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November 12, 1993 - Image 18

Resource type:
Text
Publication:
The Detroit Jewish News, 1993-11-12

Disclaimer: Computer generated plain text may have errors. Read more about this.

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here was a shattering. It
seemed to go on for a few
minutes, like a shower of
broken glass. Everybody
was paralyzed."
Jennifer Epstein, program-
ming director for the B'nai
B'rith Hillel in East Lansing,
was working in her office Mon-
day night when vandals threw
a brick and a stone through the
large window near Hillel's front
door.
"I ran out of my office to see
what happened," she said. "By
the time I called police, a neigh-
bor had already reached them."
The episode took place at 9:30
p.m. Witnesses had seen a car
with four unidentified males
drive up to the Hillel building,
then depart.
On Tuesday, police had no
suspects. Damage to the win-
dow is estimated at $150. Cap-
tain Stephen Chubb of the East
Lansing Police Department said
the word "Palestine" was writ-
ten on the stone.
"It's been a long, long time
since we've had an incident of
this nature in East Lansing," he
said.
Hillel's windows are broken
at least once a year — usually
with beer bottles thrown by
drunken party-goers, Ms. Ep-
stein said.
But this instance of vandal-
ism struck an especially disso-
nant chord in Jews at Michigan
State University. It came on the
eve of a campus-wide Holocaust
memorial event, sponsored by
six different university organi-
zations, including Hillel.
The highly publicized memo-
rial, which took place Tuesday,
commemorated the 55th an-
niversary of Kristallnacht — the
night of the broken glass. In No-
vember of 1938, Nazis went on
a rampage, destroying the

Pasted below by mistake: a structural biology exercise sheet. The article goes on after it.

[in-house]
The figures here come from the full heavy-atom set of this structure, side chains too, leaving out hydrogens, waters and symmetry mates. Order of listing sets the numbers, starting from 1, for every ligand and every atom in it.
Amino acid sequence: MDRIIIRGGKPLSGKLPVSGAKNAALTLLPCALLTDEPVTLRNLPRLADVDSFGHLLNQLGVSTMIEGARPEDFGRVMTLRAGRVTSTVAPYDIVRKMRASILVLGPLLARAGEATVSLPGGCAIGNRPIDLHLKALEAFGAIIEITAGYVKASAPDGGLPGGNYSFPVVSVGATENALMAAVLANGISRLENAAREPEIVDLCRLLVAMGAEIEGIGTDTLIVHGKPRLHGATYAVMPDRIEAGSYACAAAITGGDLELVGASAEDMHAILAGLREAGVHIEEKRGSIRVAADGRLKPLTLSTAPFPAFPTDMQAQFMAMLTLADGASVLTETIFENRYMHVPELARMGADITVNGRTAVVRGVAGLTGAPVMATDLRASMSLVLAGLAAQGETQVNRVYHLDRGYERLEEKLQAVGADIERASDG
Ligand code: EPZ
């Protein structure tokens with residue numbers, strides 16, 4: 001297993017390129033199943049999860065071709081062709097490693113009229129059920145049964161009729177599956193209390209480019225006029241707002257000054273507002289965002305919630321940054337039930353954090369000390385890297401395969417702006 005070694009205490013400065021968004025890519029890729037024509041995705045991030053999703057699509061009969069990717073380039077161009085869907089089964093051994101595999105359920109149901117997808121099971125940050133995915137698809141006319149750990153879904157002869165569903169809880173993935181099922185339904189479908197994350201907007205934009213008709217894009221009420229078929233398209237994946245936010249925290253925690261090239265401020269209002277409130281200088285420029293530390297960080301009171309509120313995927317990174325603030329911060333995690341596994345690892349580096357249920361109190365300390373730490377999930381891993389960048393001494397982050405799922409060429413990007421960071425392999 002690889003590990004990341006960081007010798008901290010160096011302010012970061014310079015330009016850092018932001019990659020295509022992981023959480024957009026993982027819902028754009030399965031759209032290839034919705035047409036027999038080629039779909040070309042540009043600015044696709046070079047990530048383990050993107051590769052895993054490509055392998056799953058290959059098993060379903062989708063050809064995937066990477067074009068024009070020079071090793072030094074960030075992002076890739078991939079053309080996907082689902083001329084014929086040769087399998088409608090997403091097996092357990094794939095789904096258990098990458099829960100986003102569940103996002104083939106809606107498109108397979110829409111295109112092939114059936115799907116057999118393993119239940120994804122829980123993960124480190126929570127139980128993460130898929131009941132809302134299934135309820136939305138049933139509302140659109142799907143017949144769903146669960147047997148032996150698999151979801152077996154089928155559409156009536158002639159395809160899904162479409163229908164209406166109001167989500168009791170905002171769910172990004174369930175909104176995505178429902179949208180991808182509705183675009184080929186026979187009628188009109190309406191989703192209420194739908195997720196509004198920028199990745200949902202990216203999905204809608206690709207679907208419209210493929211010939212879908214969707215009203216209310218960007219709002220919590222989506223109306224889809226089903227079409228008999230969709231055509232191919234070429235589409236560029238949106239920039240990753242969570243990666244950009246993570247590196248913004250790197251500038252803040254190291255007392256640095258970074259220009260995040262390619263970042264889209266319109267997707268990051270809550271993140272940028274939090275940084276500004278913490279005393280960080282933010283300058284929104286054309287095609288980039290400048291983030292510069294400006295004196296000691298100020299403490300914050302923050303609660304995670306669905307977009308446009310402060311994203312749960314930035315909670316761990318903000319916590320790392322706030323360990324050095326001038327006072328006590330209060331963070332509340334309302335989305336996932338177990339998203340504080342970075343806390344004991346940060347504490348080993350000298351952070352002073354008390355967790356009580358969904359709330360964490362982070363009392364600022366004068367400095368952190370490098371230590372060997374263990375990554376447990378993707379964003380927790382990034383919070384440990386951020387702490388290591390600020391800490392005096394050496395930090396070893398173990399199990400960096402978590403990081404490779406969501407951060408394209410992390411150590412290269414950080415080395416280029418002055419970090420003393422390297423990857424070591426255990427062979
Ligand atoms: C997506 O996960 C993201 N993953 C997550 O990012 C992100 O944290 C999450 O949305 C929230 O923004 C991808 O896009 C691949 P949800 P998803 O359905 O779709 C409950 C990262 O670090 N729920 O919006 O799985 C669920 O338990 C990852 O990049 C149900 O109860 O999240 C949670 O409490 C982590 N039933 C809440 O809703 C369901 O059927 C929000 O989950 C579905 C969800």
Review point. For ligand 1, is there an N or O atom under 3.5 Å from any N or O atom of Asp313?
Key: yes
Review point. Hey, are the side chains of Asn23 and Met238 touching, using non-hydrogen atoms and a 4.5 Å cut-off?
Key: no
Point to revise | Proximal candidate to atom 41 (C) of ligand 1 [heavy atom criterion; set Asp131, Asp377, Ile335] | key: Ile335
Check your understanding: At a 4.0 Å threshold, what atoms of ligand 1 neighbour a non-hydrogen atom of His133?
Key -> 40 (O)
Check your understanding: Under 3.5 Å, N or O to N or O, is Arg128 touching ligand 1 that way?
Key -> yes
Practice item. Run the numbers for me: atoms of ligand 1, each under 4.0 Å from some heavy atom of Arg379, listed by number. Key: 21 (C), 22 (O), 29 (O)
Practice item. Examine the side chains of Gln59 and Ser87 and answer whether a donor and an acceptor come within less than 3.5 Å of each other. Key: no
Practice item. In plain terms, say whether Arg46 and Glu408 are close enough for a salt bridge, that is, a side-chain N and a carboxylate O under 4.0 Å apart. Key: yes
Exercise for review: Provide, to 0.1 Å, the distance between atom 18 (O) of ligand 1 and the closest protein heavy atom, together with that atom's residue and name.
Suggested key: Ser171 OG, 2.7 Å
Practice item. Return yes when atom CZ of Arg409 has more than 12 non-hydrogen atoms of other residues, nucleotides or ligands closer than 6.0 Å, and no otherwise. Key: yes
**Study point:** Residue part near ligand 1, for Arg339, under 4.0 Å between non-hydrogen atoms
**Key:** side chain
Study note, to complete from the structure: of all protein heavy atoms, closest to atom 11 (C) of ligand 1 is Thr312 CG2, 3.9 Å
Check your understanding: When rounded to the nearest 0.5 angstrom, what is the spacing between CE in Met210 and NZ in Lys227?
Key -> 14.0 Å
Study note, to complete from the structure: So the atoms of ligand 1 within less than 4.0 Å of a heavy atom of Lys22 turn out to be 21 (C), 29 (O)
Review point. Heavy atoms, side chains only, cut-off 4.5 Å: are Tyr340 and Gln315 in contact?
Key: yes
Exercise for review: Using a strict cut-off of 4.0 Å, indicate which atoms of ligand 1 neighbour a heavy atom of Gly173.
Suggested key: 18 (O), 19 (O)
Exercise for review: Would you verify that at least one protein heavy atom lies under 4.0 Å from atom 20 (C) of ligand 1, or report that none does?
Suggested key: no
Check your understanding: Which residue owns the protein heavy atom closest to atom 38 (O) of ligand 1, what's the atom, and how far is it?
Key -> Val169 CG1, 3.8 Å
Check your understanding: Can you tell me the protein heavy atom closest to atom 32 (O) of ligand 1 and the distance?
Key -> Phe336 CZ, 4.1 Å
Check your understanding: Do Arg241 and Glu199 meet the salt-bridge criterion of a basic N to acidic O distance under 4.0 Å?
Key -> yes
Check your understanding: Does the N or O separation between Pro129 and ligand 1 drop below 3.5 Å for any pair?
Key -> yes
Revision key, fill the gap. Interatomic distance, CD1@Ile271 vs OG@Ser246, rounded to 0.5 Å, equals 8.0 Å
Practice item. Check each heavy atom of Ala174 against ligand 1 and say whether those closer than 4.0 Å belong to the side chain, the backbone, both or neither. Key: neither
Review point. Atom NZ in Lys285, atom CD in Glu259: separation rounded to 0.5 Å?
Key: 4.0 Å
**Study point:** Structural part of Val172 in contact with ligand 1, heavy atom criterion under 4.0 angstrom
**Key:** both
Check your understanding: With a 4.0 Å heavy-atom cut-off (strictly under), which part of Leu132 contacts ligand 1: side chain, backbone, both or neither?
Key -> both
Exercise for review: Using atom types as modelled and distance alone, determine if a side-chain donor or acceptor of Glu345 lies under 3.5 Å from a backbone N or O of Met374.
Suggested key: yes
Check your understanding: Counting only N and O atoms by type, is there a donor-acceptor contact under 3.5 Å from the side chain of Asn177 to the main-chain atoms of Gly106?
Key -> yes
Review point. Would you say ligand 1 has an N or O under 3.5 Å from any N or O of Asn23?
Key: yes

homes, businesses and syna-
gogues of Jews in Germany and
Austria.
"I know it's different now. I
know it's not state-sanctioned.
But the vandalism against Hil-
lel made me realize that anti-
Semitism is still out there," Ms.
Epstein said. "We don't have
those kinds of rocks in our front
yard. The vandals must have
brought the stone with them. It
had to be premeditated."
Mark Finkelstein, executive
director of Hillel, said he also
believes the vandals intended
to send a message.
"There are times when it is
simply a product of drunkness
and times when the vandalism

is a product of anti-Semitism.
This is one of those times," he
said.
Lee June, assistant provost
for racial, ethnic and multicul-
tural issues at MSU, called the
incident regrettable. Students
expressed dismay. Staci Bloch,
an MSU student involved in
Jewish groups on campus, said:
"I think it's disgusting that
55 years later, in America, on a
college campus — which is sup-
posed to be open to free speach
— that nothing has changed.
It's still the night of the broken
glass."

"It's still the night
of the broken
glass."

—Staci Bloch

An impetus for Tuesday's
memorial was a letter to the ed-
itor in the State News in mid-
October. The letter was written
by revisionist Bradley Smith,
who represents the Committee
for Open Debate On the Holo-
caust. In the letter, Mr. Smith
denies that historians can prove
that Nazis tried to perpetrate
genocide against the Jews.
Mr. Smith wrote a similar let-
ter that was published in the
University of Michigan Daily in
October.



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